Les Baxter – Que Mango! [Alshire Records, 1970]

Technically the last of Les Baxter’s albums (and the last real Exotica album, as some have said), “Que Mango” (done with the help of 101 Strings) is a 30-minute “virtual tour” through the sunny skies, beaches and romance of South America, and one that will leave many a buff of the style satisfied, though perhaps in a different way than they’re used to.

People often insist that an artist’s later work is inferior to their earlier material, such as a kind of “running out of ideas” phenomenon that actually is fairly common. After I had listened to this album all the way through, it was pretty obvious to me that this is not quintessential Les, per se. This album is, however, quite distinguishable in essence from every album he had released prior. For one thing, the songs on this album are simpler, lighter, shorter and more digestible than most of his other repertoire. There’s also something different about the undertones on this release that really stand out to me. “Que Mango” feels like it has a distinctly jet-set vibe. While this may only be different from the typical Exotica sound in subtle ways, it nonetheless shines through on all twelve tracks.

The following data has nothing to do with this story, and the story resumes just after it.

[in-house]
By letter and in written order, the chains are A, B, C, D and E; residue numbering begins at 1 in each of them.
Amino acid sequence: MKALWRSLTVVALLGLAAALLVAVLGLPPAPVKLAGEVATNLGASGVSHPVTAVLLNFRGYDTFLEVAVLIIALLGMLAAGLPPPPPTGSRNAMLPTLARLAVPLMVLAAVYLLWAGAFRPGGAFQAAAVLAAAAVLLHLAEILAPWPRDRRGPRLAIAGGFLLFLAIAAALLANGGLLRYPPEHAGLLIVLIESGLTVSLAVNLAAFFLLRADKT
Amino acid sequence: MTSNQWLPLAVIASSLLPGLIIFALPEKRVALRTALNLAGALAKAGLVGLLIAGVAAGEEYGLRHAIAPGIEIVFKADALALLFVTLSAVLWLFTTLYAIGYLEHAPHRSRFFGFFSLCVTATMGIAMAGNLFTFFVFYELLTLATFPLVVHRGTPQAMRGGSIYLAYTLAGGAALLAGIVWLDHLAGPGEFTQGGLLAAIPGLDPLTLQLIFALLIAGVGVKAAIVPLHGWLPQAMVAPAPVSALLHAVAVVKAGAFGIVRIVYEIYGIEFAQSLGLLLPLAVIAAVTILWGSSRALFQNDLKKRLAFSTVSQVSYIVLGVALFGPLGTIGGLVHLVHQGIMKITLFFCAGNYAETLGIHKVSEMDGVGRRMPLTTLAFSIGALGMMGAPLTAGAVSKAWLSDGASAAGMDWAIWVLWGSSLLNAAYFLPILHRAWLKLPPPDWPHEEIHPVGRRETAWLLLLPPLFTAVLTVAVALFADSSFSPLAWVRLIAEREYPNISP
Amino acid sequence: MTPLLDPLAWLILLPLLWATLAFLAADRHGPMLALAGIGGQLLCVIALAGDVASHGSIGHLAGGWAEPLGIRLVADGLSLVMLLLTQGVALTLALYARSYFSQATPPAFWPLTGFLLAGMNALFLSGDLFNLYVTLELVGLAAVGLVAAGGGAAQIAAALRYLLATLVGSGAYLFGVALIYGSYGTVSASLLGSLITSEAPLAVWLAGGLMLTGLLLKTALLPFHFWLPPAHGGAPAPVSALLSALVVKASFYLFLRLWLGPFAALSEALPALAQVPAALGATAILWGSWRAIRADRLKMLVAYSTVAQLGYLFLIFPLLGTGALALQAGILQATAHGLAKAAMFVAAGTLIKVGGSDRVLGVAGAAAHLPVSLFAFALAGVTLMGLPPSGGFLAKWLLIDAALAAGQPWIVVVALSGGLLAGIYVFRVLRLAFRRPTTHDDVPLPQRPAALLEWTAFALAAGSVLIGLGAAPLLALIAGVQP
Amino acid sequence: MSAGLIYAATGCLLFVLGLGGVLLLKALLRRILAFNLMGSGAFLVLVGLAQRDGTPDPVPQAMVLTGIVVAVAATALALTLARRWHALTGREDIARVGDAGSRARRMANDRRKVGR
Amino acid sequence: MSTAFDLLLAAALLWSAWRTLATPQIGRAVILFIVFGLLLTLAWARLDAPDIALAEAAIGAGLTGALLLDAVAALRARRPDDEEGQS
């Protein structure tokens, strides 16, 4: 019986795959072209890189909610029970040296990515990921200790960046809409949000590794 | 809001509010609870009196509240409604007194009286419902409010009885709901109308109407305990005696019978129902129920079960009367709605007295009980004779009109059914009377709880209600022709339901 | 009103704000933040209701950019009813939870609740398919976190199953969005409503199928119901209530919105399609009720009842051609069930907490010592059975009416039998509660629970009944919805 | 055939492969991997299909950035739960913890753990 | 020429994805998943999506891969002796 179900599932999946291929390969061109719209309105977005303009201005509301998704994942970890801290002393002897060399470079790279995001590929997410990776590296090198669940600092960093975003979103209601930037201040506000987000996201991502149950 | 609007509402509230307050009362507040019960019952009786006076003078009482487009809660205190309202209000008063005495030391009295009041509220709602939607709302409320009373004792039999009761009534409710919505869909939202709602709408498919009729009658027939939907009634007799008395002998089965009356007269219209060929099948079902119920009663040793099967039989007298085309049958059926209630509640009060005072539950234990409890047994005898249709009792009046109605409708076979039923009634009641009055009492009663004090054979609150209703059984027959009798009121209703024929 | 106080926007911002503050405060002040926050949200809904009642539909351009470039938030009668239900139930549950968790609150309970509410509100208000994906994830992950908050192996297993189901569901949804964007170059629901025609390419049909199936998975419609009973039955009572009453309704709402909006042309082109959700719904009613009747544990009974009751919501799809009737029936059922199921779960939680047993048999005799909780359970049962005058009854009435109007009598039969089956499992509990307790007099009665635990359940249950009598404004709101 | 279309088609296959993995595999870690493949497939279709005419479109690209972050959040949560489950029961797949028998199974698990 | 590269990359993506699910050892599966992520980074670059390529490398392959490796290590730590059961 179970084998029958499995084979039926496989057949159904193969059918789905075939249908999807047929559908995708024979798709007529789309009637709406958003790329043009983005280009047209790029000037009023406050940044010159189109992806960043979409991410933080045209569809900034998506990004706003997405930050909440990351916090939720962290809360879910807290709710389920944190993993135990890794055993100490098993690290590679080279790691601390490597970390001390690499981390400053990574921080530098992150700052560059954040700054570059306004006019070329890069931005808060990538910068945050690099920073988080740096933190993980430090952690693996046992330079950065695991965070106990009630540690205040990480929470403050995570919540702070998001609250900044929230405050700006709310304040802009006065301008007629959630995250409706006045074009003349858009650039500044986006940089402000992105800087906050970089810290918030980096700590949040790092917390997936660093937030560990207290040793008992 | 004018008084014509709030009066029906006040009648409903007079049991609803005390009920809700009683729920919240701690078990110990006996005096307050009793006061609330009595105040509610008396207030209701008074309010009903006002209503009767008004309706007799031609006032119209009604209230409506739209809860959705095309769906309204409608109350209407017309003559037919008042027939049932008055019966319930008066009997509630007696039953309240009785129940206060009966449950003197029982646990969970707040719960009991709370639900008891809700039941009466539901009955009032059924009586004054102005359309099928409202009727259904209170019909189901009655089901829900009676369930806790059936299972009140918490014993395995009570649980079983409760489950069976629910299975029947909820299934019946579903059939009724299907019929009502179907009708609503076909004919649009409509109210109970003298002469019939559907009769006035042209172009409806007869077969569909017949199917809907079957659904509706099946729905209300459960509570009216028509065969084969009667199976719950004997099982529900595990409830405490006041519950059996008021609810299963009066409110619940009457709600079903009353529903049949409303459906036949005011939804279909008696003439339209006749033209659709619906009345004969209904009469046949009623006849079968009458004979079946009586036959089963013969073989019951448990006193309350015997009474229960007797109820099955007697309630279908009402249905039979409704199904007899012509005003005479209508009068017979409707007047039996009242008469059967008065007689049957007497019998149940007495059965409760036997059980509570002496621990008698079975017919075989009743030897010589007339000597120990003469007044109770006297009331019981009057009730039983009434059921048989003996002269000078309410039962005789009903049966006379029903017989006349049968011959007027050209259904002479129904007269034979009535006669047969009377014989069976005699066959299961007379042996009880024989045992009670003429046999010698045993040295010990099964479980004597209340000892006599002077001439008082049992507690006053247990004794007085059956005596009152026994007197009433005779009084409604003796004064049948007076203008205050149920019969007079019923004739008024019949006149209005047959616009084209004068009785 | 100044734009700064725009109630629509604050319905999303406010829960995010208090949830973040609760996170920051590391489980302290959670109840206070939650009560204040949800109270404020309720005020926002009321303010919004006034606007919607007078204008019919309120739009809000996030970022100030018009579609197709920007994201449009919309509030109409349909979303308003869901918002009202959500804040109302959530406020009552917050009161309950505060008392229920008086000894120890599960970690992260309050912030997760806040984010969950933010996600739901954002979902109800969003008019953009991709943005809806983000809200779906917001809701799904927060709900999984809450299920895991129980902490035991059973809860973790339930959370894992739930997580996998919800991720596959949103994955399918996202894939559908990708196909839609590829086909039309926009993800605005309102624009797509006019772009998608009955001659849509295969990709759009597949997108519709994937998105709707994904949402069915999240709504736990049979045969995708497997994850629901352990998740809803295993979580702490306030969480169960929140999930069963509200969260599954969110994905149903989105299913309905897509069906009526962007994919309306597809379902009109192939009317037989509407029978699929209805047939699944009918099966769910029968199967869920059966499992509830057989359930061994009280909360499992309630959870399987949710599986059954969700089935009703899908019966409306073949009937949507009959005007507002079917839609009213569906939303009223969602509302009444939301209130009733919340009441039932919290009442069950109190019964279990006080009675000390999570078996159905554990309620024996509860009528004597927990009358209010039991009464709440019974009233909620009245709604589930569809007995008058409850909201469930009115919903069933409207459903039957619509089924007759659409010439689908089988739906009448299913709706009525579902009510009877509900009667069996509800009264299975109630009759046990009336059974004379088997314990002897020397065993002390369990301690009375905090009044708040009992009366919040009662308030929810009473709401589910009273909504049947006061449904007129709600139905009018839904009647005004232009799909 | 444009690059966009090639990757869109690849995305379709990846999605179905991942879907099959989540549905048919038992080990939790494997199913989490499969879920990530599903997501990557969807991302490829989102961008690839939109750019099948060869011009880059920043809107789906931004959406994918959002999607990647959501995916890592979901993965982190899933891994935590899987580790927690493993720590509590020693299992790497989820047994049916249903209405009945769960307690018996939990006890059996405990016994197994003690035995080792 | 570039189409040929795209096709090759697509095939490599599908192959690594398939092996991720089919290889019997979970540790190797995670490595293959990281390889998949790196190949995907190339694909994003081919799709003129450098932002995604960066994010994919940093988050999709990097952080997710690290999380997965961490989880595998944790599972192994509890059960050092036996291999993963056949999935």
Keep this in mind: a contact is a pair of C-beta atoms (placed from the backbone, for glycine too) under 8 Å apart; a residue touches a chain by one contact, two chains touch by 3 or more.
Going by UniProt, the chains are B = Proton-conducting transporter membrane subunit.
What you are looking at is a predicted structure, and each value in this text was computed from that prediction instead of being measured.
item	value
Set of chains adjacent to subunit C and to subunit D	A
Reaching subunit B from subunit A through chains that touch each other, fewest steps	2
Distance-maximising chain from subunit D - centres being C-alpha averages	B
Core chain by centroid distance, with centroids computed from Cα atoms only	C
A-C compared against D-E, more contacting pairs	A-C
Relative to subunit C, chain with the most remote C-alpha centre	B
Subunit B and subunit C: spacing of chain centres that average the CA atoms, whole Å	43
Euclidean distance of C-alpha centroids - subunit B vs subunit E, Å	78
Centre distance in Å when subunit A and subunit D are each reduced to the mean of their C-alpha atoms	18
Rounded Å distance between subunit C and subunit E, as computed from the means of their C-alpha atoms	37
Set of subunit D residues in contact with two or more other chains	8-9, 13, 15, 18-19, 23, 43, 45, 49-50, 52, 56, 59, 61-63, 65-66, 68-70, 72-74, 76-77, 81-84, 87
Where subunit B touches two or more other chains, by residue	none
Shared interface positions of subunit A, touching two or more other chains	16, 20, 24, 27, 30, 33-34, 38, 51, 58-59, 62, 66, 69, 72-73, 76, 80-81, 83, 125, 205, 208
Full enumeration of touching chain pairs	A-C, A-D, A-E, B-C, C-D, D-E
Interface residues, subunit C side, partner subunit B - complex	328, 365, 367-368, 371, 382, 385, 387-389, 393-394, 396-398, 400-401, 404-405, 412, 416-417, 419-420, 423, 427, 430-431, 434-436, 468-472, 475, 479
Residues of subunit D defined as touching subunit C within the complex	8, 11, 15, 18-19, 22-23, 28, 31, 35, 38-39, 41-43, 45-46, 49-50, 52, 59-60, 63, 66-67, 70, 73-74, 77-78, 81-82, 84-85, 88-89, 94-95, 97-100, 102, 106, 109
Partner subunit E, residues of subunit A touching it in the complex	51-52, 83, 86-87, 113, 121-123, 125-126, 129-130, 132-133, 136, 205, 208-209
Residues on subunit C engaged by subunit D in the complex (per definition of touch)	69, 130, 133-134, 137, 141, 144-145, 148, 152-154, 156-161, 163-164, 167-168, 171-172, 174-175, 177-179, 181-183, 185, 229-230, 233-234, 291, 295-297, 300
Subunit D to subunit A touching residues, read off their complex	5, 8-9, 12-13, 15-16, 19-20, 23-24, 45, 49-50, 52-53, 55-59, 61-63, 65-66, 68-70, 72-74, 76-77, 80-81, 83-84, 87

These songs are also more “hip.” The qualities here are more reminiscent of 1970 and less reminiscent of the far-out “African Jazz/Skins”-era sounds or even the lighter “Primitive and the Passionate”-era orchestration. This is “updated” Baxter, more or less, and he apparently had a clear head and an open mind about the changing trends in the music industry when he recorded this. Don’t get me wrong, though. Many of the qualities that make the man’s work great are still present here. The trademark impressionistic “abstraction” finds its way into the material, and it’s just as vibrant, expansive and appealing as ever, just not quite as mysterious as many of his more definitive LPs are.

Scamp Records, the mid-90s Caroline subsidiary label that released this album on CD, also reissued other Space Age recordings that seem more on the esoteric and “completist” side of the genre. A record by Maya Angelou, Mel Henke, The Shadows and several by Martin Denny are included in their limited, but nevertheless first-class, catalog. Personally, I think they had a lot of potential in the 90s revival market, and it’s too bad they weren’t able to stick around longer than a few years. You can access their discography at Discogs.com, if you feel so inclined.

All in all, this album would be enjoyed most by more experienced listeners of the Space Age Pop, Exotica and Lounge genres. While not all fans of these genres would appreciate this release, they’d be able to “read between the lines,” so to speak, and understand how “Que Mango” stands apart from the Baxter “brand” that he became known for over the span of his career.

Joseph A. Bremson
The Exciting Sounds Project

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